The experiment:
The researchers created an H5 HA that had greatly increased human cell specificity due to three mutations that were randomly added: N158D, N224K and Q226L. They put this HA with the other genes form the 2009 pandemic H1N1 and this virus was able to infect ferrets and showed very weak aerosol transmission (2 of 6 ferrets from 5 to 7 days after infection).  They took a sample of the virus from the animal that was infected via aerosol transmission and re-infected another ferret.  This time the virus transmitted more efficiently (4 of 6 ferrets, 3 to 7 day after infection).   When they sequenced this virus they found one additional mutation, T318I.
They also tested various combinations of the four mutations to dissect how they affect the behavior of the virus. The first three mutations are at positions that are known to affect the species specificity of a virus. The mutations at 224 and 226 affect the shape of the part of the protein that binds to cells. One set of amino acids cause the virus to bind bird cells, the other causes it to bind human cells, kind of like different keys fit in different locks. The mutation at 158 is known to eliminate a glycosylation site. Of all the mutations outlined in the study, this is the only one that has been found in nature in H5 viruses. Many if not most of H5 viruses isolated from birds since 2009 have lost this glycosylation site and every single human H5 lacks it.  According to Dr. Kawaoka’s work, this mutation also serves to stabilize the HA protein. The final mutation also serves this same function.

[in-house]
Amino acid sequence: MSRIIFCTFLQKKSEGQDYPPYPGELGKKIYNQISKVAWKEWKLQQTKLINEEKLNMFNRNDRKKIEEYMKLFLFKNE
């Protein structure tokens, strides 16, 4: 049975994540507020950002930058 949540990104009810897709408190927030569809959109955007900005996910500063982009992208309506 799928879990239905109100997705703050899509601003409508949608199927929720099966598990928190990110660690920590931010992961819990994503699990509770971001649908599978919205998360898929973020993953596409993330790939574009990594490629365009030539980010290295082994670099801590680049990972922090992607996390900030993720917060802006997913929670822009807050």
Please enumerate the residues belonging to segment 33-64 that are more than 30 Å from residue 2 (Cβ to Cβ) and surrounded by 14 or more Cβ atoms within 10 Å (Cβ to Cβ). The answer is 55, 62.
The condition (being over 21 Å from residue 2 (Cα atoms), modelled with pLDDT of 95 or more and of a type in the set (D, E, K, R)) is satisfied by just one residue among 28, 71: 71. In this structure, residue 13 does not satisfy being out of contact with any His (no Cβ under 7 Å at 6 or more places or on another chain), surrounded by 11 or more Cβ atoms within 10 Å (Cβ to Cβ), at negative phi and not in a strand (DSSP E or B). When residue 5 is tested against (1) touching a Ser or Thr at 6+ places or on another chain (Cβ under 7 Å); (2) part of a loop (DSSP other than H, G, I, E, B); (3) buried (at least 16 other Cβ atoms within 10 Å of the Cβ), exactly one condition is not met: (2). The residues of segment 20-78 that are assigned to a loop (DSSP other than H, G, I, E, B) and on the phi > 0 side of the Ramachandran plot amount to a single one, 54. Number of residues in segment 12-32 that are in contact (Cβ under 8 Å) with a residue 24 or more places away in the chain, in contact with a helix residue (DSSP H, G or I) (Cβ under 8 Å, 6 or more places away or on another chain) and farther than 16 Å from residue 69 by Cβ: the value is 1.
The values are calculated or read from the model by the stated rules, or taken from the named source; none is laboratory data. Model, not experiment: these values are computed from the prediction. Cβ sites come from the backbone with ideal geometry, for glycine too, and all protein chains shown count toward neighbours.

To me, the importance of this work is not that this is likely going to arise in nature and we should fear it.  The potential of this virus to occur naturally is very low since there would have to be reassortment followed by passage in the right host to build these or similar mutations. The real take away from this paper is how the mutations interact to create a transmissible virus. The two mutations in the receptor binding domain of HA (224, 226) play a major role in switching the host range of the virus, but it also causes the HA to become unstable. This instability prevents this virus from being very infectious and blocks transmission. The mutation at 158 further pushes the virus towards human cell preference but also increases the stability of the protein.  This allows the virus to be more infectious in ferrets and also gives it the ability to transmit through the air (albeit very poorly).  The final mutation at 318 greatly increases the stability of virus and allows the virus to be more infectious and to transmit more efficiently, though still far less infectious and efficient than the 2009 pandemic virus.